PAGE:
Breaking News: Cancer Blogger Lives!
Cancer. Feh. You know, frankly, most days now I tend to forget all about it. Don't even think about it much. I feel a little guilty for not reading the cancer support boards any more, or keeping up with other cancer blogs. But my energies just seem to have drifted off elsewhere these days. I'm taking up new interests, and I mostly hang around with people now who didn't even know me when I had cancer, people who don't always think of me as Tragic Cancer Cootie Person. I'm carving a pretty good new life for myself.
But a couple of weeks ago a funny thing happened.
I had heard that an old friend named Frances, whom I hadn't seen in several years, had recently been diagnosed with lymphoma, and that she was undergoing chemo at, of all places, Our Lady Of The Damned. So on one of her chemo days I put together a little gift bag full of goodies and trinkets and headed over to pay her a supportive visit.
I set out in high spirits, full of good cheer. Going back up to the fifth floor chemo ward was kind of an exciting thing for me: I felt like a ragingly famous alumna returning to my old high school stomping grounds, proudly displaying a shiny cluster of Nobel medals pinned to my lapel. Except in my case the bling of success was a rack of ripply new muscles, a head full of unruly hair, and the unmistakable rosy glow of good health.
But my high spirits encountered a chilling little setback on the way up when I ran into my old buddy Scott, the only surviving member of the lung cancer gang I used to hang out with back in my own chemo days. I'd seen him once last summer at a big cancer fund raiser and he was doing well, recovering from the brutal treatment, growing a beard, hoping for a few more years with no active disease. But now the grim news was Scott's cancer is already back, and has metastasized to his bones. He told me he's trying one last round of chemo, but he's in severe pain, heavily addicted to morphine, weak, depressed, living alone with no family, not much money, no car. Suffering and struggling, but not ready to give up his last shreds of hope and independence for hospice.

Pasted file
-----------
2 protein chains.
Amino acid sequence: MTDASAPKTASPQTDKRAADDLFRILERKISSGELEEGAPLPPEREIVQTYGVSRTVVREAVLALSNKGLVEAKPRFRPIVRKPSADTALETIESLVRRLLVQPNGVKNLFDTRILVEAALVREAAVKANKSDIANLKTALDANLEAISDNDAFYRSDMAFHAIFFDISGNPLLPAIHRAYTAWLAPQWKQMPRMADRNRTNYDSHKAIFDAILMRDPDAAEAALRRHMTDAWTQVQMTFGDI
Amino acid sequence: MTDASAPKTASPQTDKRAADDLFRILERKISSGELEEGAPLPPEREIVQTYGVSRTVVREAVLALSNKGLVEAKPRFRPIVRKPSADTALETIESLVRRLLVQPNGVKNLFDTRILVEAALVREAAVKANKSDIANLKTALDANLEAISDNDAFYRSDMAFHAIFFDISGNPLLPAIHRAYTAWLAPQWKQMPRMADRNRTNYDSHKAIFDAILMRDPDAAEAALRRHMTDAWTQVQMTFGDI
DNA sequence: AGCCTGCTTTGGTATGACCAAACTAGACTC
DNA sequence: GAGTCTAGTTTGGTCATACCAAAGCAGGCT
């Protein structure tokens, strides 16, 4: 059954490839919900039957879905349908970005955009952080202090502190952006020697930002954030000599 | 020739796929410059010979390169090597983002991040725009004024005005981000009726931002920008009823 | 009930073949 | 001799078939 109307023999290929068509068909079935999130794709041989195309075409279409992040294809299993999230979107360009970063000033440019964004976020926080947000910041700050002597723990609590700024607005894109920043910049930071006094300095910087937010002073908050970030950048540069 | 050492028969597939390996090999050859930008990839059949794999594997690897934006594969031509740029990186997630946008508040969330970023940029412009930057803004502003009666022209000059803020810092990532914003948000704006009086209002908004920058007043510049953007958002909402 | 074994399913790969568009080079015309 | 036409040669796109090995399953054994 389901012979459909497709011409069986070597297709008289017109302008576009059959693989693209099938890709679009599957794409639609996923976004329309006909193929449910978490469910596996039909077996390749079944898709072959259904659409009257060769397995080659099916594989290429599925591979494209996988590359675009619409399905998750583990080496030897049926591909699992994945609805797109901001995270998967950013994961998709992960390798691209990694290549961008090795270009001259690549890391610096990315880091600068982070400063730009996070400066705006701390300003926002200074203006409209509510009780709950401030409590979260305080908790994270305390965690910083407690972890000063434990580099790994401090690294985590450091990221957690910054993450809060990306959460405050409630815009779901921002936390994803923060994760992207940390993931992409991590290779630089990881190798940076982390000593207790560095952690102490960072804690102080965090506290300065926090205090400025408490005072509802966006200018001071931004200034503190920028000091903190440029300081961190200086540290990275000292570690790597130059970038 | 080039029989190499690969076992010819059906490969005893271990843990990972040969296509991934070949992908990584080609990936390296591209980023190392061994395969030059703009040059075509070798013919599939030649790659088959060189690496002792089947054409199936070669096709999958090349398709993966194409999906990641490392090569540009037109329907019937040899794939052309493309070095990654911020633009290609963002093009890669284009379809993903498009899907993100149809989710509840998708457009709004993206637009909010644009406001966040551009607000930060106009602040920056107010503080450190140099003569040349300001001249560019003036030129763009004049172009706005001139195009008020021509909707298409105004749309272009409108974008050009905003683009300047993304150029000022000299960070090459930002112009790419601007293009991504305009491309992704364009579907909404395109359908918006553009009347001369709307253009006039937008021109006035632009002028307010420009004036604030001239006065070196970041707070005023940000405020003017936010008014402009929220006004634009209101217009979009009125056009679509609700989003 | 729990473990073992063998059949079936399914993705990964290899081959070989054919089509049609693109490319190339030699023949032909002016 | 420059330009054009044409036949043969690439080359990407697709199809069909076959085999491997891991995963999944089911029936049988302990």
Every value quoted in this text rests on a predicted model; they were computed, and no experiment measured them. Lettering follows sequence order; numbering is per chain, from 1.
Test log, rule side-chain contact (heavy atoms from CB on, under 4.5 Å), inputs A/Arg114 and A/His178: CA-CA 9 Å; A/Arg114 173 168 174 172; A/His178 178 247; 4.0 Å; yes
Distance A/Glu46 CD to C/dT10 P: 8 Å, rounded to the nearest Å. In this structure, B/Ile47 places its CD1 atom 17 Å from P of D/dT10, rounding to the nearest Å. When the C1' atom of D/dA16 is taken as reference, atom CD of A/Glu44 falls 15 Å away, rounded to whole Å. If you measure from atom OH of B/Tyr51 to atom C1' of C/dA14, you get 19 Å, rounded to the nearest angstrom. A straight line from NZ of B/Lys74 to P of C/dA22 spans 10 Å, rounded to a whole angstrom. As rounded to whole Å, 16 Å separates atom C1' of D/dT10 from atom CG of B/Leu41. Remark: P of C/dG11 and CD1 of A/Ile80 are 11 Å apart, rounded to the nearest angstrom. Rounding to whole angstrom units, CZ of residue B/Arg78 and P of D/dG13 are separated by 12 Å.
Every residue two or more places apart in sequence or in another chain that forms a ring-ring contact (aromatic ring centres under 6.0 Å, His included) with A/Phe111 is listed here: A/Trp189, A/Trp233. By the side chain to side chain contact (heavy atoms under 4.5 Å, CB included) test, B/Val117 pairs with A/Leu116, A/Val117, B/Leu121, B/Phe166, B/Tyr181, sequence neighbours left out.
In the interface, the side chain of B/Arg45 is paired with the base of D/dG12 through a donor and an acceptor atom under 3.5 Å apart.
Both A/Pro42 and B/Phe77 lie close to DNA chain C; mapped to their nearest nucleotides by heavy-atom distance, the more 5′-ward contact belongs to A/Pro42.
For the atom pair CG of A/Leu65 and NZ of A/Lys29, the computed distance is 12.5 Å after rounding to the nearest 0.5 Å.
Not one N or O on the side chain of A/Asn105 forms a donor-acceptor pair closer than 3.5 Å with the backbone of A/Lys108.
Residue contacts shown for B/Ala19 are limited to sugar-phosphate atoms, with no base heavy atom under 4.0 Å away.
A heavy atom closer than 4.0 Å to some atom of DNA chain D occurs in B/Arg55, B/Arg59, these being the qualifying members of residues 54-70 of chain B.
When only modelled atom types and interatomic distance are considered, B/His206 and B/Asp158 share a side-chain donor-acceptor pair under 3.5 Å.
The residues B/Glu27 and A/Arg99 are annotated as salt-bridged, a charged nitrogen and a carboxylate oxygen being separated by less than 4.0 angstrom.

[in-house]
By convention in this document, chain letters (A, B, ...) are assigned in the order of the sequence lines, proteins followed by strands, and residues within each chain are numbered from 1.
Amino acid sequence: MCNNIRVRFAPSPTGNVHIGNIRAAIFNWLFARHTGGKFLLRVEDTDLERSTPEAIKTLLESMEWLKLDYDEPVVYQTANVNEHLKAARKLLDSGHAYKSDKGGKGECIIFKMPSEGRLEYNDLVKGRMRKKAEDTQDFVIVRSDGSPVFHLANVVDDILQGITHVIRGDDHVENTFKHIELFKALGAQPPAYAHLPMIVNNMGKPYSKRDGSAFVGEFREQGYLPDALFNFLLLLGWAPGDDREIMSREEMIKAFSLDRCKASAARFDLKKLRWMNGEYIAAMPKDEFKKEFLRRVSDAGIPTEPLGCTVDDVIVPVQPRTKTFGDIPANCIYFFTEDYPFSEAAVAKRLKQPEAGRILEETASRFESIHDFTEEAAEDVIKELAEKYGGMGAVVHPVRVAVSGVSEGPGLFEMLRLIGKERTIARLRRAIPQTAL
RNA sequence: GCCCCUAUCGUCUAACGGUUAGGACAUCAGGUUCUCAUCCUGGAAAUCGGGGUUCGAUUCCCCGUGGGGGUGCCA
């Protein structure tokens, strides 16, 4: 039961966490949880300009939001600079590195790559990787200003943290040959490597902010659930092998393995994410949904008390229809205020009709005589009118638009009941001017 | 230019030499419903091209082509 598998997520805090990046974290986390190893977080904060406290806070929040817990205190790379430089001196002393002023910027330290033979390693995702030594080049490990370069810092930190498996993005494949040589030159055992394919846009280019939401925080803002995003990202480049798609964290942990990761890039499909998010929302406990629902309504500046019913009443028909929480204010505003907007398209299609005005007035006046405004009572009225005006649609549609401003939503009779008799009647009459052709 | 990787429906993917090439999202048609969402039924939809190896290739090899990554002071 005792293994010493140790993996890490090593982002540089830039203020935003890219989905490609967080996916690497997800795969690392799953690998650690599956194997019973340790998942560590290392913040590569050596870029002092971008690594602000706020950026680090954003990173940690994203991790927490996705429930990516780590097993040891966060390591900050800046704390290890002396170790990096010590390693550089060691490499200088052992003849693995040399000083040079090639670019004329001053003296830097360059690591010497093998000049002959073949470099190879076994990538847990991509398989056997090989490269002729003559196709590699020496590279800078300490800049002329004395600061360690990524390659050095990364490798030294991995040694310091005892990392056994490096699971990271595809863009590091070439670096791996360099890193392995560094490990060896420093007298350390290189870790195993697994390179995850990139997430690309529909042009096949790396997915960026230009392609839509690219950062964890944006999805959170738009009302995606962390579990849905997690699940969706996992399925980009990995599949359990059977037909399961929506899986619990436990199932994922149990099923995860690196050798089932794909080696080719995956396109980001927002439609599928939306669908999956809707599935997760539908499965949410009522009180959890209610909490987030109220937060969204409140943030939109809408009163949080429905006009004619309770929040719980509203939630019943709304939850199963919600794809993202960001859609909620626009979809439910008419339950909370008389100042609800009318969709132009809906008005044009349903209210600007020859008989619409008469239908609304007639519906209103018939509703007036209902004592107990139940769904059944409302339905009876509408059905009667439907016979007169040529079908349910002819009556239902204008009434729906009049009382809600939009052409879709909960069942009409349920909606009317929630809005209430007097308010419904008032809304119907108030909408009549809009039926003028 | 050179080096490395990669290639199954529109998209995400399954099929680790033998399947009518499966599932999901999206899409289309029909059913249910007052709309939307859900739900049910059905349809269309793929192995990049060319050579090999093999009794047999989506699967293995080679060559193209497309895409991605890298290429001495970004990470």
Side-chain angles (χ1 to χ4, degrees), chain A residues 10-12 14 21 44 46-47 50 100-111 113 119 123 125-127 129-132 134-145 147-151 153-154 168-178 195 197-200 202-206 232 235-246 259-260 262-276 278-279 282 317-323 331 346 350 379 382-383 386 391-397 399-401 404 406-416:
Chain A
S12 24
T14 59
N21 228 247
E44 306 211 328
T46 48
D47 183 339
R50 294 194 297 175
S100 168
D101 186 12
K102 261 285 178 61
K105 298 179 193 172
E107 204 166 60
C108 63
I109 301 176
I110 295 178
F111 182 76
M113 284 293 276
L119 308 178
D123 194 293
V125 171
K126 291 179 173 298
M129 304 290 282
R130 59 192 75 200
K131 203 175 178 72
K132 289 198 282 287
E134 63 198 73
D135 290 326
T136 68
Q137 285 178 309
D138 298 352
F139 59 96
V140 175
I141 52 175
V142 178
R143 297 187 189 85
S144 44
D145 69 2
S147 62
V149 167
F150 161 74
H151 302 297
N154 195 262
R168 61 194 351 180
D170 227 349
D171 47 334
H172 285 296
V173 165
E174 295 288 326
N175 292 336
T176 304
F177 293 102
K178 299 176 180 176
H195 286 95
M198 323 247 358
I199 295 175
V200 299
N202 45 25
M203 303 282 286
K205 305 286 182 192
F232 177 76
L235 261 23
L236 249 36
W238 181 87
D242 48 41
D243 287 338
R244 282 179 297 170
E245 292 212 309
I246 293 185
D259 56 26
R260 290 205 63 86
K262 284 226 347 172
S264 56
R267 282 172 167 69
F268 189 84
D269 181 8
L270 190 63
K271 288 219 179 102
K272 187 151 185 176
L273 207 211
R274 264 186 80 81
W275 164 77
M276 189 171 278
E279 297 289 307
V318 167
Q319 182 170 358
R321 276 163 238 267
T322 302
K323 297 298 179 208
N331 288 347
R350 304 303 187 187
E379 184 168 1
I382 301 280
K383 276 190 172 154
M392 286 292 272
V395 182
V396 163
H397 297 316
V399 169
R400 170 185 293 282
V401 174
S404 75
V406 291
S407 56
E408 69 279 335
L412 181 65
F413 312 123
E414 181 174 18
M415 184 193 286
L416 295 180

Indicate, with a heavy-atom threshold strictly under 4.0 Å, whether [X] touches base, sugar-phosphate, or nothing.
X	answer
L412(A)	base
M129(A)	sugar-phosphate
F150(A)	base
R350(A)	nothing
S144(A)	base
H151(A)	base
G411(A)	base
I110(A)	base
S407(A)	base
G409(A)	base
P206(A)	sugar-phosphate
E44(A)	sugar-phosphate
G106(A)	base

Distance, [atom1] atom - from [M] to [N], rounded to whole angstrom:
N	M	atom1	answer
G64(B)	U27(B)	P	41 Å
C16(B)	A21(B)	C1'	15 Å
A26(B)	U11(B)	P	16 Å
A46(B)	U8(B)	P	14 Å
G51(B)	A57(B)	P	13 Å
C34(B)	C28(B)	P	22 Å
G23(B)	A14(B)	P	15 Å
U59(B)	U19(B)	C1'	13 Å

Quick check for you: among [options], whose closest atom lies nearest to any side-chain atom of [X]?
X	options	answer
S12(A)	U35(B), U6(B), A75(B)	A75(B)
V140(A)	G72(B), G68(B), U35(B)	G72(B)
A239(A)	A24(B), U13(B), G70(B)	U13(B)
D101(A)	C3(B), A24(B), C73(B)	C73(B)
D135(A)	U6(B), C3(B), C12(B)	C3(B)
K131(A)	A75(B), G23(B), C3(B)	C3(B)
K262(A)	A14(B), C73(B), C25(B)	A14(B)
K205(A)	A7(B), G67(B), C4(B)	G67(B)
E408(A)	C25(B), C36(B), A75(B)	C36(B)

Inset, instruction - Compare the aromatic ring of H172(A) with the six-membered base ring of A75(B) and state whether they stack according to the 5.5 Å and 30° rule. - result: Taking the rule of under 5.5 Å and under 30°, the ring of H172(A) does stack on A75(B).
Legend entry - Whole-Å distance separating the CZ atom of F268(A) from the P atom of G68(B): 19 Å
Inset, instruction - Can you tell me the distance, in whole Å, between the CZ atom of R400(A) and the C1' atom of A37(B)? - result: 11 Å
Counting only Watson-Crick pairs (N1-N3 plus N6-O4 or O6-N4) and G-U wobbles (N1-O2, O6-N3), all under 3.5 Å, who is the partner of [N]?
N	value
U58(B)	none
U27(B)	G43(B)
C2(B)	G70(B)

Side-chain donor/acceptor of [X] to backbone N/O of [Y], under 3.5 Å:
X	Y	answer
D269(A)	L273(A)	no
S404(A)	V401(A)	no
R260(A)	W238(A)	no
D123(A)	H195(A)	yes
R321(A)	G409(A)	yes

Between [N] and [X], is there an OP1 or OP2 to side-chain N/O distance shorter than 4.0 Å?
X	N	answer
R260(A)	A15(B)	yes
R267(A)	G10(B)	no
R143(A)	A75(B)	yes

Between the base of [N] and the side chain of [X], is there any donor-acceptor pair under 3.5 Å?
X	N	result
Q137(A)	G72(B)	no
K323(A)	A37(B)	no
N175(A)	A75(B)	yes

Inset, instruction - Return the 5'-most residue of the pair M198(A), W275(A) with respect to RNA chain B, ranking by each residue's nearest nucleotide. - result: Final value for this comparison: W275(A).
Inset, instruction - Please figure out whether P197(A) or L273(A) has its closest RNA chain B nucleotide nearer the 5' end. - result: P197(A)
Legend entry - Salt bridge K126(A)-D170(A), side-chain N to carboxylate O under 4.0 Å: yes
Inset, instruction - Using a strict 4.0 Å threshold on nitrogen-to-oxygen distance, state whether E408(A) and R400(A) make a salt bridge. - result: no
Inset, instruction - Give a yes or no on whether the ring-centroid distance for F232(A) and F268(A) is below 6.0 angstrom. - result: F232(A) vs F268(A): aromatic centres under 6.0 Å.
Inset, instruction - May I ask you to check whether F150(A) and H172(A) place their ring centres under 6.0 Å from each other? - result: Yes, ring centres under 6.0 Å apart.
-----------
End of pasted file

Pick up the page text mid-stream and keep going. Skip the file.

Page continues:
Suddenly my spine felt like it was made out of ice cubes. I briefly toyed with the option of thrusting Frances's gift bag into Scott's hands and running off down the hall screaming, possibly even hurling myself through the next plate glass window. But thanks to many decades of cultivating an acceptably civilized superego, I managed instead to temporarily repress this initial impulse, politely wished him well, and continued on with my original mission. With a slightly heavier step I trudged on up to the fifth floor.
My first impression when I walked through the familiar double swinging doors was: Wow, they must have repainted the place with some amazingly brilliant white paint! I don't recall the walls being this bright. Or maybe they doubled up on the fluorescent light tubes. Everything was so white, so light, so bright! Almost blindingly bright. I blinked against the intense whiteness. In my memory, the chemo floor had seemed more like a dark tunnel.
I peered through the shimmering brightness until I spotted Mike, my old chemo nurse. He too was glowing with the eerie new brightness. He saw me, and slowly he smiled, a blindingly white smile. Slowly he stood up, slowly he moved towards me. His mouth was slowly saying something, and my mouth was slowly saying something back, and everything was perfectly normal. Except I guess the blinding light and the weird slow motion effect were making me a just little dizzy and disoriented.
In slow motion I said I had come to see Frances, and Mike's glowing finger slowly pointed to her room. Ah. I knew that room. It was the exact same room I had been in for my last chemo session, exactly one year ago. "Go on in," said Mike, his voice reverberating like an echo chamber. "She'll be glad (glad...glad..glad...) to see you. Her daughters are in there with her."